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- istock matejmo 788x518 - IoT, endpoint and mobile security – the effects of BYOD on Cybersecurity

Several industries and IT personnel have come to terms
with the modern day approach of Bring Your Own Device (BYOD), as they strive to
make operations more and more flexible, efficient and seamless, addressing
every possible challenge that could hinder the workflow in any way. Companies
are adopting workplace mobility practices amidst the proliferation of modern
technology and the increasing number of connected devices that people are using
in their day-to-day routine. Permission to use own devices at the
workplace and the growing network of devices is leading to the expansion of
network with an increasing number of endpoints. It has become imperative for
the companies to have befitting cybersecurity policies and a robust
security solution that best suits their work model and ensures a safe haven for
the business critical processes and data.

But before defining cybersecurity policies around BYOD
and mobile devices and IoT devices, one should be clear with the distinctions
between mobile device management and endpoint security. They should profile the
IoT and mobile devices to understand the different operating systems they use,
the functions they are capable of performing and the actual utility of them for
the business. This will help in defining policies that can effectively control
the use of such devices at the workplace as well as outside the work premises
for work purposes.

As per a report by Crystal Market Research, the global
BYOD market is expected to grow at a CAGR of 15.38% between 20 and 2022 and
reach USD 318.41 billion in 2022.[1]This
trend, often labelled as IT consumerisation, is here to stay, as more and more
companies adopt BYOD model, allowing employees to carry their own devices and
connect them with the organisational network to access important business data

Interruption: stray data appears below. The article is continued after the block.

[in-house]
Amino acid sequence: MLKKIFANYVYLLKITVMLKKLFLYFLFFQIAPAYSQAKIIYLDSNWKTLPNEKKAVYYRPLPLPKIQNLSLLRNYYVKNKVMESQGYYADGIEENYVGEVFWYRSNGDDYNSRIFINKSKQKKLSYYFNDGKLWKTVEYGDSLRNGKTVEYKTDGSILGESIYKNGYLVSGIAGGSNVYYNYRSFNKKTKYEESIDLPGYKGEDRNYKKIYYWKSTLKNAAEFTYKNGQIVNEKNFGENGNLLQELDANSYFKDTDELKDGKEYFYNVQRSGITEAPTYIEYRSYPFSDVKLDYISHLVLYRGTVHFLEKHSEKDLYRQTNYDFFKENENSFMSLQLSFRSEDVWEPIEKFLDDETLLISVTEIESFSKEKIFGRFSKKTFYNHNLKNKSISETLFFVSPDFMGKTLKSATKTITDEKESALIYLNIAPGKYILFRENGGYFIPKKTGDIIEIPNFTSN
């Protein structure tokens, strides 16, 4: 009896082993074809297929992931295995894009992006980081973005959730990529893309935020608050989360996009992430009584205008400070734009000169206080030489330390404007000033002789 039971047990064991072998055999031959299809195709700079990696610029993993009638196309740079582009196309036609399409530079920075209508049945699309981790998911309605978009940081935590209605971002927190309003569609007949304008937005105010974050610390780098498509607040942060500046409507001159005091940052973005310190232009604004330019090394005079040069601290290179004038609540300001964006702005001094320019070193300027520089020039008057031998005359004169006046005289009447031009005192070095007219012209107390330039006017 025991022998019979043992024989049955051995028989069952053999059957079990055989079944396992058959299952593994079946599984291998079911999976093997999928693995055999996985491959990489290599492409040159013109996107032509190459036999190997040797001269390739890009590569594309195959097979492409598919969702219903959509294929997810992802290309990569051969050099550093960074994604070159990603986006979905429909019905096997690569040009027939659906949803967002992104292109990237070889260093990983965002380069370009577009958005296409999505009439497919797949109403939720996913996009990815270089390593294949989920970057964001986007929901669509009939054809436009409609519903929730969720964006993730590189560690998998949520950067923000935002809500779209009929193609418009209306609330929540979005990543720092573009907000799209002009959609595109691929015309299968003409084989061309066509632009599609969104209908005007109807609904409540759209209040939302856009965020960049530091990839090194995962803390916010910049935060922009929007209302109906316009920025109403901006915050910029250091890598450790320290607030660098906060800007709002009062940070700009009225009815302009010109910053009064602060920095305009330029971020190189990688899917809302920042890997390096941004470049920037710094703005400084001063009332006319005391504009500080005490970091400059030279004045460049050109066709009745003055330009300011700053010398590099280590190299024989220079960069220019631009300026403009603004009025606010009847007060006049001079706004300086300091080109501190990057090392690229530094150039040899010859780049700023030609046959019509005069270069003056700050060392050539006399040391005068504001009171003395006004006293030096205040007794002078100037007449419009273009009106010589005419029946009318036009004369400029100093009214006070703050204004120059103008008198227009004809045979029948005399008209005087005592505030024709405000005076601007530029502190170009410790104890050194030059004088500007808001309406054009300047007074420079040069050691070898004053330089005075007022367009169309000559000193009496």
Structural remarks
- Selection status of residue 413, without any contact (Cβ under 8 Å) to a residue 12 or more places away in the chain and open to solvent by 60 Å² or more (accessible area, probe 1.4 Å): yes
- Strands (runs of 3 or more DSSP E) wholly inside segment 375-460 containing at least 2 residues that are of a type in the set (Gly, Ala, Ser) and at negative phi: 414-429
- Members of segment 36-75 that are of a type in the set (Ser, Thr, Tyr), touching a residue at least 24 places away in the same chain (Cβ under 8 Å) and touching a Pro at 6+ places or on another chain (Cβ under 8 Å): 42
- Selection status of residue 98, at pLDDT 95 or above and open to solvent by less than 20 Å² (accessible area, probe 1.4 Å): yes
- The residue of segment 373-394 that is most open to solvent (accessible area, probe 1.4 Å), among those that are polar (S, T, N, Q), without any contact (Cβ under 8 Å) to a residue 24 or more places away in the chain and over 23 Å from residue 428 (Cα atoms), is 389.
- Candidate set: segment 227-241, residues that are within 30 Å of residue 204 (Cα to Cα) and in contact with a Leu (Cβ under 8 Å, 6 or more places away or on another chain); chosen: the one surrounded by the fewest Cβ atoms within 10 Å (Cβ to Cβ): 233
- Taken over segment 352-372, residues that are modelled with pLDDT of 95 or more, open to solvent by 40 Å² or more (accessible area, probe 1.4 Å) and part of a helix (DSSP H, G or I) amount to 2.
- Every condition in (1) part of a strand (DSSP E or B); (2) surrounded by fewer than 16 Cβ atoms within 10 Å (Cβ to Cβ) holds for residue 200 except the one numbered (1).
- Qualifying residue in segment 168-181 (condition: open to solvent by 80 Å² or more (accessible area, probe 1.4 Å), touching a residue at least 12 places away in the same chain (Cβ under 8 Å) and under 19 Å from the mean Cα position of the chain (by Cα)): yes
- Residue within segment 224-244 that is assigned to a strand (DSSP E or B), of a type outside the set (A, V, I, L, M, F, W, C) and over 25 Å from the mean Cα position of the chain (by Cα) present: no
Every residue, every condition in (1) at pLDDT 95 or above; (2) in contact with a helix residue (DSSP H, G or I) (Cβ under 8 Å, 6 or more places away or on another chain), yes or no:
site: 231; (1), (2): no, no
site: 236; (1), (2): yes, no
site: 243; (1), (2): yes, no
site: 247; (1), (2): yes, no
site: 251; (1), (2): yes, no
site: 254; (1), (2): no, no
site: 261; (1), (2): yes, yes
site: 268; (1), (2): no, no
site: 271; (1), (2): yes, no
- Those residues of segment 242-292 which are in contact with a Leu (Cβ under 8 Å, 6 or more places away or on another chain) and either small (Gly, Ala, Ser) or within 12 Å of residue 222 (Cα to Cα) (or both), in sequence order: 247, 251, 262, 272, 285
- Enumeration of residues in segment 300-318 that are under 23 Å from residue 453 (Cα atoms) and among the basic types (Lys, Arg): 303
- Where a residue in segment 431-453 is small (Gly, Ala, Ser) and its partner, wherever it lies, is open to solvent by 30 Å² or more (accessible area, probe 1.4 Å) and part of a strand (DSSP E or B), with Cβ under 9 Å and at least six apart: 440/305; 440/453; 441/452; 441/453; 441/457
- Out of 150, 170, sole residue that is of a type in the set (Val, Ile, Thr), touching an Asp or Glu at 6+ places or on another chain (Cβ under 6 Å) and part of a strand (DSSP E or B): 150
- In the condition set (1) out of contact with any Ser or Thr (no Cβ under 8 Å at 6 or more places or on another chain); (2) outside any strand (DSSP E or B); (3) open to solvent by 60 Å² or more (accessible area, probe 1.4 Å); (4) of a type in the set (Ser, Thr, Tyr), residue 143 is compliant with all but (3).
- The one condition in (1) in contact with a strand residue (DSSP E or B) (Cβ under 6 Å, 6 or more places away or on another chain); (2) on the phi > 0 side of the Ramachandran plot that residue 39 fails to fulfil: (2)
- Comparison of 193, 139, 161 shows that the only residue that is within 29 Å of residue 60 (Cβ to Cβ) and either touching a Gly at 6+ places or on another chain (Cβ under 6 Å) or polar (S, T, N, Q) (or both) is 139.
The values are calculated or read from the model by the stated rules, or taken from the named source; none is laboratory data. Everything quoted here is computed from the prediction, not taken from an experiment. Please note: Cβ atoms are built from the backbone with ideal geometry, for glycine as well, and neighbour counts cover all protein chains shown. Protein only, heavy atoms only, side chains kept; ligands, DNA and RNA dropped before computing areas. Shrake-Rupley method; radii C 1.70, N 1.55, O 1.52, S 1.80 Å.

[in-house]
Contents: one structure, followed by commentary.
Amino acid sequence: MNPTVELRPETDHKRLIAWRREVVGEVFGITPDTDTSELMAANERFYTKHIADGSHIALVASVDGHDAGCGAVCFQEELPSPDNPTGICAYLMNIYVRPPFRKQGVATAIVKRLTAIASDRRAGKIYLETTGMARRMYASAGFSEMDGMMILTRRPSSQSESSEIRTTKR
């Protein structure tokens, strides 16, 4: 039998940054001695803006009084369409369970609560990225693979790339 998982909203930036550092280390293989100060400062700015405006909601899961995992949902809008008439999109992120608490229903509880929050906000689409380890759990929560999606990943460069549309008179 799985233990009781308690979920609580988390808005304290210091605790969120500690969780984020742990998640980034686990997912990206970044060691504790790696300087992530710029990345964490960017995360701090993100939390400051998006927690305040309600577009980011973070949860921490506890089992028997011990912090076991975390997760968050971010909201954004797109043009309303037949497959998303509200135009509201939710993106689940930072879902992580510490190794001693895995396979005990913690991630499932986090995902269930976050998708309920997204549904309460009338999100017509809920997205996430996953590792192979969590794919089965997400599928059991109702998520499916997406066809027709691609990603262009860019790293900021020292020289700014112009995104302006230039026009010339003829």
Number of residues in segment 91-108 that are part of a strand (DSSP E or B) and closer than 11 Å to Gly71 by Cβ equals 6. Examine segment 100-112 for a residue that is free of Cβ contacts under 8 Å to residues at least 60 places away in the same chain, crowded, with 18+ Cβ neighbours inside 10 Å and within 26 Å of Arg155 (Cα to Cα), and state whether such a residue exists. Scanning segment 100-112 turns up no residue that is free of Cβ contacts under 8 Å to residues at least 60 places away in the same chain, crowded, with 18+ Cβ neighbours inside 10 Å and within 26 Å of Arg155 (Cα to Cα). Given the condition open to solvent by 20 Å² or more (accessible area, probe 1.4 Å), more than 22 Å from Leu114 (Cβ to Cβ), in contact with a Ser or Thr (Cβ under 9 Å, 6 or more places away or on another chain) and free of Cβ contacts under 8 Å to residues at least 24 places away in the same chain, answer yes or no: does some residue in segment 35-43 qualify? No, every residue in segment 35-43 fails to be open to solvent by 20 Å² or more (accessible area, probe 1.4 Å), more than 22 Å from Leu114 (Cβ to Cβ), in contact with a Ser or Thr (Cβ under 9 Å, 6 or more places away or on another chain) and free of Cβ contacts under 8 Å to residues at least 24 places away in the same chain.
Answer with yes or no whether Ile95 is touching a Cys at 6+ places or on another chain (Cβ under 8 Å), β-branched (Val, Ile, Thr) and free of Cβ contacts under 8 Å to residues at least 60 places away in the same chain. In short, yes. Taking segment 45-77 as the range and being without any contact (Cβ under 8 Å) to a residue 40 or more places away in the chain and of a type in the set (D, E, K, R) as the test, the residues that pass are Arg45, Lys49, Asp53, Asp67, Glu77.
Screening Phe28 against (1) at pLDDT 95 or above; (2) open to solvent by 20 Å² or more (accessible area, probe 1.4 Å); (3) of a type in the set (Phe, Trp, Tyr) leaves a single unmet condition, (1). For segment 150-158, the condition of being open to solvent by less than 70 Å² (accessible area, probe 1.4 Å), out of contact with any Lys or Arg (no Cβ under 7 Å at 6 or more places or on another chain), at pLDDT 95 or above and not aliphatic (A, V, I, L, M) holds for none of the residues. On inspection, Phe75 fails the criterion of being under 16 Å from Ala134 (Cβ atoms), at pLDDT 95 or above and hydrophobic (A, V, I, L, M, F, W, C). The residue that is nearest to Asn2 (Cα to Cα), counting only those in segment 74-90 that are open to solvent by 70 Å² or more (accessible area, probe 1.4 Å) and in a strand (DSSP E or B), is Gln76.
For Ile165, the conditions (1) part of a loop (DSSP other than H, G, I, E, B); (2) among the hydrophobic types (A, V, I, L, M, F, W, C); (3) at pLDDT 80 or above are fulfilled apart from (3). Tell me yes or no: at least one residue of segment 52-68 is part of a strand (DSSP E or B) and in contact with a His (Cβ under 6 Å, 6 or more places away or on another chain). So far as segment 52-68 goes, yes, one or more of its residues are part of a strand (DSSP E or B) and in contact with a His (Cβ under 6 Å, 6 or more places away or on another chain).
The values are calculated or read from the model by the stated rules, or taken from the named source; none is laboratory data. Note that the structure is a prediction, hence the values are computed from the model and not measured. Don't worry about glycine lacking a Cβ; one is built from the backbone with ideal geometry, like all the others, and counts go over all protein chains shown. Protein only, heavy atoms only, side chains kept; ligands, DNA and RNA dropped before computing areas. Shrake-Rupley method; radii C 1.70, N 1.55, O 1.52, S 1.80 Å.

and applications for work purposes.

While BYOD is increasingly touted as an excellent business model, well suited for improving workplace flexibility and productivity; however, it has a significant impact on the IT structure of an enterprise.


Some of the impacts of BYOD on a company’s cybersecurity setup are as follows:

Expands
IT infrastructure

More and more owned portable devices like laptops,
tablets and smartphones brought by employees to offices significantly expands
the network as they serve as new endpoints to the network. These personal
devices have to be connected to the company’s IT infrastructure for which the
IT team has to identify the employees’ mobile devices that they’ll be using to
access the corporate data and then make necessary adjustments to the company’s
IT setup to accommodate them.

Companies are also required to audit these devices to
ensure that they align with the company’s security stipulations and device
policies, and all this work increases the IT management costs of the company.

Increased
risk of data leakage

More and more personal devices used for work purposes
increase the number of endpoints on the company’s IT network. Presence of
multiple endpoints makes it difficult to monitor the activities on each device
and tackle malicious programmes or that try to gain unauthorised access
to such devices and thereby the IT infrastructure. This escalates the threat of
cybersecurity and data leakage.

Mobile devices are considered the weakest link to a
company’s security framework. They need to be constantly updated with the
latest security patch to cover any type of loopholes and stay protected from
any type of malware or virus attack or any unauthorised access. Employees are
as much for ensuring the security of their own mobile devices and
should see to it that their devices are password protected and updated with
latest software and security patches. The employees and companies are both
responsible for reviewing a mobile device’s compliance with the security
protocols.

Mixes
personal data and corporate data

Devices carried as part of the BYOD model have both
corporate and personal data, which makes the loss or theft of such devices a
riskier affair.

Companies should take the initiative to back up the
essential corporate data present on the device in order to retrieve the data in
case of a technical glitch, cybersecurity breach or theft or loss of the
device.

Companies can encourage containerisation, which helps
in isolating business content in its own workspace thereby keeping the business
information secure while still allowing the employees to use their devices for
personal as well as work purposes. The approach also helps the company to
safely remove the business-related information from the user’s device when the